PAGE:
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The Corrupting Power Of Ambition In William Shakespeare's Macbeth

1536 words - 6 pages

The vigorous desire to achieve and willingly attain something holds the capability to greatly affect one's life. William Shakespeare's play Macbeth establishes the immense effect and influence of ambition. After gaining power over his country Scotland, the protagonist, Macbeth, experiences an internal downfall as he battles between his wants and moral judgement. He struggles to maintain stable relationships with others as his selfish desires and goals hurt those around him when achieved. In addition to clashing with himself and others, he is seen as a tyrant leader and is slowly turned against by Scotland's nation as well as England. Shakespeare's play Macbeth provides the reader with a clear understanding of ambition's corrupting power in Shakespeare's tragic character Macbeth, through his inner conflicts, struggle to maintain stable relationships with those surrounding him, and clash with society.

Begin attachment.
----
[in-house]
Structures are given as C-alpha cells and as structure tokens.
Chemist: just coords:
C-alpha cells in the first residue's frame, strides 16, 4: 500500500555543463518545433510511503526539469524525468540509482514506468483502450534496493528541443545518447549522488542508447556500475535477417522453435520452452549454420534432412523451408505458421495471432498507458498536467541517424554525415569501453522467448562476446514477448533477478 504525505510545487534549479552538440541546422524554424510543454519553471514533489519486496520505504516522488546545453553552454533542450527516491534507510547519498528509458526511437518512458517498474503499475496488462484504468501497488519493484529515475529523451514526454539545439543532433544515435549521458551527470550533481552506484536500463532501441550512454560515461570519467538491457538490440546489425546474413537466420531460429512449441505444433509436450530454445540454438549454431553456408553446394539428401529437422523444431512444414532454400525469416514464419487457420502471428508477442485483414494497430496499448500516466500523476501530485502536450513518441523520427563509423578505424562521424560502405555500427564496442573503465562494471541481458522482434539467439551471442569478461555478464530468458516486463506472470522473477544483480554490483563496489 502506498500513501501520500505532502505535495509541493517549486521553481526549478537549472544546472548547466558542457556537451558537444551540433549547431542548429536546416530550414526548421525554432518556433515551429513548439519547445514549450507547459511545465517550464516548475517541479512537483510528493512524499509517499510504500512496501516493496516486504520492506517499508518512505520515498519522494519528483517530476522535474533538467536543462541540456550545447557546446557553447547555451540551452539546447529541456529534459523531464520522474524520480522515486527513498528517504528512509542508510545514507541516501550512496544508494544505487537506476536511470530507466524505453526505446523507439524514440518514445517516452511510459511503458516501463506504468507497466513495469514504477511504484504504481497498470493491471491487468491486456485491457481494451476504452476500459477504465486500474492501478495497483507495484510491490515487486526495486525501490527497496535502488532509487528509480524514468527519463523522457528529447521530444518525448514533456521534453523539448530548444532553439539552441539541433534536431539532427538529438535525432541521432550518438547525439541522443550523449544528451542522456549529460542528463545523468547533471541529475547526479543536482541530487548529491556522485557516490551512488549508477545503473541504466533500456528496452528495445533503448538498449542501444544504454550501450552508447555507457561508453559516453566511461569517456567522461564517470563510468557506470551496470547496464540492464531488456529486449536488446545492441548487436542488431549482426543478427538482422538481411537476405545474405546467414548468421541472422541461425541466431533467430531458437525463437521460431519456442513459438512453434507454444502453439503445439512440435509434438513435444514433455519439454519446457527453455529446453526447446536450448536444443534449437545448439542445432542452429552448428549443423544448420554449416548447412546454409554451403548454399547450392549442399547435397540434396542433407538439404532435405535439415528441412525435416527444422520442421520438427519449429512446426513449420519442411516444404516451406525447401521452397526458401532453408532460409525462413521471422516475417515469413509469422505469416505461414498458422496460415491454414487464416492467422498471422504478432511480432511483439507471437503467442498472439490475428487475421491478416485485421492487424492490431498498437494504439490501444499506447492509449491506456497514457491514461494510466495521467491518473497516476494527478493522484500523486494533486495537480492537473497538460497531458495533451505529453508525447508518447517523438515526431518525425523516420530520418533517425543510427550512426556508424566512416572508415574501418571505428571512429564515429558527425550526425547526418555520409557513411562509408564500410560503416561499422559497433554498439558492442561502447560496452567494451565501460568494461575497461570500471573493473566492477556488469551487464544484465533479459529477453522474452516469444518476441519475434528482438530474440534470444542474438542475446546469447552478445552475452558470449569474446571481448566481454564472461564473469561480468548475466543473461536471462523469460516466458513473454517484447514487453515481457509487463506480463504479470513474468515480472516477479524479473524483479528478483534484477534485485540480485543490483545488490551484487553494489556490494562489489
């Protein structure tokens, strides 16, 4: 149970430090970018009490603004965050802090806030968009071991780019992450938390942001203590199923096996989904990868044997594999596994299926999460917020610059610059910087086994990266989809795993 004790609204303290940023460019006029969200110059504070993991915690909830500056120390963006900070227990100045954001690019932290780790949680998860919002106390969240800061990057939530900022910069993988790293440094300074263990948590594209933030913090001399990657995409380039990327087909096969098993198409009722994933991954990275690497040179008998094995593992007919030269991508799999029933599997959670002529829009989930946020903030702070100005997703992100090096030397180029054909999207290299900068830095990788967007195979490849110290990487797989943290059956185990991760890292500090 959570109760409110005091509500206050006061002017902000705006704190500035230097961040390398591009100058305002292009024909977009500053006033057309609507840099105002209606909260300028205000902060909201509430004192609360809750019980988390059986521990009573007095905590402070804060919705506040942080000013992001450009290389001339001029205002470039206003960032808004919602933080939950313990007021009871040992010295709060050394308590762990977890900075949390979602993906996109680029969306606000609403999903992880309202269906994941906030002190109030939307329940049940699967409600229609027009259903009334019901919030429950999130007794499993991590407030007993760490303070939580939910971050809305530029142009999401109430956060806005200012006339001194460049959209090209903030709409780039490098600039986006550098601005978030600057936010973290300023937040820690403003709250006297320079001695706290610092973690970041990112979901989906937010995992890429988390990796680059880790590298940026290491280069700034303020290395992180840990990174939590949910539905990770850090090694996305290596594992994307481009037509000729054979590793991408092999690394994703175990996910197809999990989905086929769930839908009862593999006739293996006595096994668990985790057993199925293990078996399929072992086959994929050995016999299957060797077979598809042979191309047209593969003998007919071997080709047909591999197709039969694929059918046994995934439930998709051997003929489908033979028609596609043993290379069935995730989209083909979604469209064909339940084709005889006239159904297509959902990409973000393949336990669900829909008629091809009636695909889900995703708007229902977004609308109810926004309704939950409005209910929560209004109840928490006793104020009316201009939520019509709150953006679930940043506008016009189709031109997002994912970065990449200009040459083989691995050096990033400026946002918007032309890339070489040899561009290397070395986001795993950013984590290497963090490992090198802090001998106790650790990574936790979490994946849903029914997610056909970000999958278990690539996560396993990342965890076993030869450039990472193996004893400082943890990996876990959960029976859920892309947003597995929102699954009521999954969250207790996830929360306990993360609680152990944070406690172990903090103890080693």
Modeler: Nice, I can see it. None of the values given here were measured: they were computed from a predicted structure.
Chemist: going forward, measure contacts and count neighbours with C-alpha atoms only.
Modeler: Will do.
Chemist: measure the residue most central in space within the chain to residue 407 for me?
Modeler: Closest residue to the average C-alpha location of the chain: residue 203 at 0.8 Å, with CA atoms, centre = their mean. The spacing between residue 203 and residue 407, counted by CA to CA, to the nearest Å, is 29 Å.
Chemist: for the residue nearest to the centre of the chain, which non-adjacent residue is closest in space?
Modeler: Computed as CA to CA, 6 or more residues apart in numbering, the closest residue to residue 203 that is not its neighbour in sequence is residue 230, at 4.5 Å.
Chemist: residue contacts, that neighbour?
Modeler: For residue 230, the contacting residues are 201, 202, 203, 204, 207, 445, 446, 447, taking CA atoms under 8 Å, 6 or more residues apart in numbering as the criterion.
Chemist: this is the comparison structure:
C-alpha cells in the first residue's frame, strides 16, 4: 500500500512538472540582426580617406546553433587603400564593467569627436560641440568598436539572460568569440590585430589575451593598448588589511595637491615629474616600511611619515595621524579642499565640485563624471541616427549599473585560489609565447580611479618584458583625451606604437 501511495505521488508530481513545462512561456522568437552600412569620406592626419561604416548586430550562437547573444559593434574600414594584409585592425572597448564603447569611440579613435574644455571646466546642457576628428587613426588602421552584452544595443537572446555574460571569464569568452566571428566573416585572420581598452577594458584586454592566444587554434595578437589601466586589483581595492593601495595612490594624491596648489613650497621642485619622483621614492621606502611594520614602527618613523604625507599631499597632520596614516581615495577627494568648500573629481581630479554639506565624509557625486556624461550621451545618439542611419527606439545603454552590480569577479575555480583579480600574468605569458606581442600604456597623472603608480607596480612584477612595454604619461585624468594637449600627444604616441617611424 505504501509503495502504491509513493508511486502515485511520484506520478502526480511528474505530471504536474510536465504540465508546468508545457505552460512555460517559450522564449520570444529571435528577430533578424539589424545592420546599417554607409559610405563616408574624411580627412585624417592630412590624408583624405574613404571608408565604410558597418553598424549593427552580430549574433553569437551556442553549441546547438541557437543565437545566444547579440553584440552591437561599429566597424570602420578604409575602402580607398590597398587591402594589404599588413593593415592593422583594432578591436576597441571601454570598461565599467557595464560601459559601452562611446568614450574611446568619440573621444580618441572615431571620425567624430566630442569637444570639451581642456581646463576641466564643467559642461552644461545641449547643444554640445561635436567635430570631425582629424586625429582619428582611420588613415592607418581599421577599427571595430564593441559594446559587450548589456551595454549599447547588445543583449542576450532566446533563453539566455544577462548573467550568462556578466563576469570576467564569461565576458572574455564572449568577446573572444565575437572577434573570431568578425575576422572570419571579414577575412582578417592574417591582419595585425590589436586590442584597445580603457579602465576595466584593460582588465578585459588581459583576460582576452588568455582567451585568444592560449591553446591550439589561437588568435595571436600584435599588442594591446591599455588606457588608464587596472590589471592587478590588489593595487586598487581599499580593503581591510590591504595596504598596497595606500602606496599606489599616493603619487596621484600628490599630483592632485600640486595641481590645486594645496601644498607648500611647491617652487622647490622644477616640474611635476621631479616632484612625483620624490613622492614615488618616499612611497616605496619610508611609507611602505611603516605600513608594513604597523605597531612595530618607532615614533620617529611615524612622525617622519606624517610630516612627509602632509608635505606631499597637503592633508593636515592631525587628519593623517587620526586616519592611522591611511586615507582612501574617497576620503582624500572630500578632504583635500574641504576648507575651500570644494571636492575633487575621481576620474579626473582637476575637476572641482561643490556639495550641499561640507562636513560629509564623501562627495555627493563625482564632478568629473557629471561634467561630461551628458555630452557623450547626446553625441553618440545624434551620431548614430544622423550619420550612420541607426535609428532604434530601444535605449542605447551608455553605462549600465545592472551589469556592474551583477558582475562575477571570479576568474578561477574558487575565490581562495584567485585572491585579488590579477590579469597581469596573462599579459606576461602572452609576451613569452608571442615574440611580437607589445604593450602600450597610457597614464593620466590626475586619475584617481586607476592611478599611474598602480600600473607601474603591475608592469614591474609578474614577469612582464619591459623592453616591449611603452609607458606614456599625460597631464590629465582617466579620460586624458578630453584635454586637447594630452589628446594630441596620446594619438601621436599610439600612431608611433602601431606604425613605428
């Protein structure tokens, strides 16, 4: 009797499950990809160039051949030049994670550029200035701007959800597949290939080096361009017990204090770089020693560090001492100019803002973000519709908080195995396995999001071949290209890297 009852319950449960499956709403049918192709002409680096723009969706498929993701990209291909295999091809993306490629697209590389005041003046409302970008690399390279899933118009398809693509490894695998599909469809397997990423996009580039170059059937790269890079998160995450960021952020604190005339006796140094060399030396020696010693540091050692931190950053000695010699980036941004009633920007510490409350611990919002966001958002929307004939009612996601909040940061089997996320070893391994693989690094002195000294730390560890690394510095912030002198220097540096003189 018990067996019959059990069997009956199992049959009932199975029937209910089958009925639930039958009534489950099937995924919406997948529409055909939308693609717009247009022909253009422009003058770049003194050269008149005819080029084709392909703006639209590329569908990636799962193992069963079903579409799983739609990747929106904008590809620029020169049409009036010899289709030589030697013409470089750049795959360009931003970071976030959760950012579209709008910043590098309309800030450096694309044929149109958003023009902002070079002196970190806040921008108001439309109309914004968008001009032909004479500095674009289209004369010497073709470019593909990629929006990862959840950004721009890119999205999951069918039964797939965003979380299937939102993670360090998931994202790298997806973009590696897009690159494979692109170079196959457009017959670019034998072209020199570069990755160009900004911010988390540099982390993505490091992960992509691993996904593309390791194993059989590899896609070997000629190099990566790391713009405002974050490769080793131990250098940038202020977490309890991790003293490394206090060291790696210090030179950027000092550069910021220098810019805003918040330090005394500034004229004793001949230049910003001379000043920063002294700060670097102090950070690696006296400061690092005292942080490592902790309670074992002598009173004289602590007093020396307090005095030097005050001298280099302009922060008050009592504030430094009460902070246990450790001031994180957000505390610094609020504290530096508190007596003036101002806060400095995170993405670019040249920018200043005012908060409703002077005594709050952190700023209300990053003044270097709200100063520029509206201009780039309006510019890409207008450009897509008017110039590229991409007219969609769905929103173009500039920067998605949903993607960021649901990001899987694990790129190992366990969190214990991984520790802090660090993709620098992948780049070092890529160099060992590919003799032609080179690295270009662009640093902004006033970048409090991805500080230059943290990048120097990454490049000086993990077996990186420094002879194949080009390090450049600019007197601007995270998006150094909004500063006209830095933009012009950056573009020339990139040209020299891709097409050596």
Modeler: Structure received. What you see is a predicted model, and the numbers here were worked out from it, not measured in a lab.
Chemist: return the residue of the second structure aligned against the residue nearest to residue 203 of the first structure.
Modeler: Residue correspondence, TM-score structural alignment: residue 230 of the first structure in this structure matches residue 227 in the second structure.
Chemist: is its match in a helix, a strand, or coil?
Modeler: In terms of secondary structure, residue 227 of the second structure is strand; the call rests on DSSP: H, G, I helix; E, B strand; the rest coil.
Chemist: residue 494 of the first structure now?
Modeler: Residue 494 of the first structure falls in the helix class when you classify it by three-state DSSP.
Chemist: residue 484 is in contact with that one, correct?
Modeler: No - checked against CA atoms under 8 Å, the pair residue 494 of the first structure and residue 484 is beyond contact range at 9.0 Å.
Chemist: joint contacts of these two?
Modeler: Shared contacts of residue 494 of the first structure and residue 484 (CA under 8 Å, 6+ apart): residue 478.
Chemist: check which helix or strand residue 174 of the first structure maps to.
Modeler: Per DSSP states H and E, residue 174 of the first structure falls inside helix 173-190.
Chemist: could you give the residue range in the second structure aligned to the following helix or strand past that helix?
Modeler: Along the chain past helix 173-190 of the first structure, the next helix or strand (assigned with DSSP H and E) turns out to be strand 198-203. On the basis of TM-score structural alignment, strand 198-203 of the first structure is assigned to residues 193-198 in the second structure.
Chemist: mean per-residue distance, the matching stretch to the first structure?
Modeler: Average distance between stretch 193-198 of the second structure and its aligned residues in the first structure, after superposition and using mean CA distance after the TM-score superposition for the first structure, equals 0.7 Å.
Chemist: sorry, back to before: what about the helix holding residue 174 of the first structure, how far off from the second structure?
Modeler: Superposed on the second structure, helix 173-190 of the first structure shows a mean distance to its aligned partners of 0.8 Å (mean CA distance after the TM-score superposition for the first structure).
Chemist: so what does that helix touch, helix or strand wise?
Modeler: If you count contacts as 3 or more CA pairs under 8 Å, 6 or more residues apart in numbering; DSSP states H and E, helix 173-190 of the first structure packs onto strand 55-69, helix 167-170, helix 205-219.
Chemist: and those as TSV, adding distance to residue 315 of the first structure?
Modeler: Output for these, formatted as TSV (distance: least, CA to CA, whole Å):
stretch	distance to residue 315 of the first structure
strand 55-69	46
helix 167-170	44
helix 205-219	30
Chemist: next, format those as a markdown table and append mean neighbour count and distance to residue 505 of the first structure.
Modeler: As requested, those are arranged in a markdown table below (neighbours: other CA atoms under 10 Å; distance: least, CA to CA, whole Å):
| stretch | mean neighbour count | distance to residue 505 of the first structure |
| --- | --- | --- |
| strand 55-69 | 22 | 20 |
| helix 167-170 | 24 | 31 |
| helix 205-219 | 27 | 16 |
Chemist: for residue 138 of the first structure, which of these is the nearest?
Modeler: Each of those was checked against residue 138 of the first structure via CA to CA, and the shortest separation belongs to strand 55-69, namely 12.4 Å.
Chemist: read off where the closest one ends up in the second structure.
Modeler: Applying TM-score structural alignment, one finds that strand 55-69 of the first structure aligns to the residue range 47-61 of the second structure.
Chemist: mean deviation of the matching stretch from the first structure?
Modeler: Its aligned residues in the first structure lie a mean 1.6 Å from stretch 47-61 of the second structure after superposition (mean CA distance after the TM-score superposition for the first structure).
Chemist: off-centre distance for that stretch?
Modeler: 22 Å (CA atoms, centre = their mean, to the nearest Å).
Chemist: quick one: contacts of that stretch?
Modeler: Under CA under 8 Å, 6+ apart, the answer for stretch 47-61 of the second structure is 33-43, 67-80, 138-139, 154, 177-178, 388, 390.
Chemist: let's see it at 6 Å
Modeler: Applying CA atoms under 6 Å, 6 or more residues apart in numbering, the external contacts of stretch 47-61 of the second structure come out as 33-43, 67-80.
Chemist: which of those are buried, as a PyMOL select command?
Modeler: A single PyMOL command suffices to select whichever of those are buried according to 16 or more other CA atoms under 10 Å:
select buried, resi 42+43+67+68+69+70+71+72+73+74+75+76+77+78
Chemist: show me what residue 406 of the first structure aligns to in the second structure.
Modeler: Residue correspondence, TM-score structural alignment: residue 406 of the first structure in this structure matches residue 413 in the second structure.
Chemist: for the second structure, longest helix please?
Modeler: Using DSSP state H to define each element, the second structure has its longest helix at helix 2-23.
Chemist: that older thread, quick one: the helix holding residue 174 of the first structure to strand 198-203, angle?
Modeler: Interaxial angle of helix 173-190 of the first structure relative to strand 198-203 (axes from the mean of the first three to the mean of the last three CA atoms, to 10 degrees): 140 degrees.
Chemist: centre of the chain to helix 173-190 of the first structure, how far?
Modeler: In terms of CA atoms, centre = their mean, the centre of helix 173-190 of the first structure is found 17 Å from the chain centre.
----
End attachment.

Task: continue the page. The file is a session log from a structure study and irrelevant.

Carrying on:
To begin, Macbeth experiences an internal downfall due to his ambition where he battle between his desires and moralistic values. Initially, the idea of attaining power over Scotland by killing King Duncan sparks a sense of fear and paranoia in Macbeth, however, his conscience struggles to take over his ambition: "that we but teach/ Bloody instructions, which being taught, return/ To plague the inventor. [...] I have no spur/ To prick the sides of my intent, but only/ Valuing ambition, which o'erleaps itself/ And falls on th' other-" (1.7.8-28). At this moment, Macbeth contemplates on killing King Duncan as he visualizes the long term consequences of committing the crime. The reader can grasp his moral judgement as he understands that by proceeding with the murder, he is only causing his own demise and punishing himself. With that being said, Macbeth realizes that his ambition and desire to obtain power takes over his conscience when he concludes that his motivation for ambition is much stronger than his will to act upon what is morally just, confirming how ambition is corrupting. Consequently, the battle between his desires and moral judgement comes to an end when Shakespeare displays how Macbeth has progressed into a sinful character of immoral judgement. In the middle of the play, Macbeth states,"By the worst means the worst. For mine own good,/ All causes shall give way. I am in blood/ Stepped in so far that, should I wade no more,/ Returning were as tedious as go o'er" (3.4.167-170). Macbeth develops a shameless mentality where he believes that it is easier to continue committing murders than it is to turn back to a person of righteous values. In comparison to his previous self, Macbeth demonstrates that he acts upon impulse to attain his desires. He orders to kill Macduff's family and everyone in his castle simply because of a prophecy he is given stating to beware Macduff. Through his statement, the audience can understand the transition between his old self and regenerated self - a person of sin and immoral vices. Contrasting his old self...

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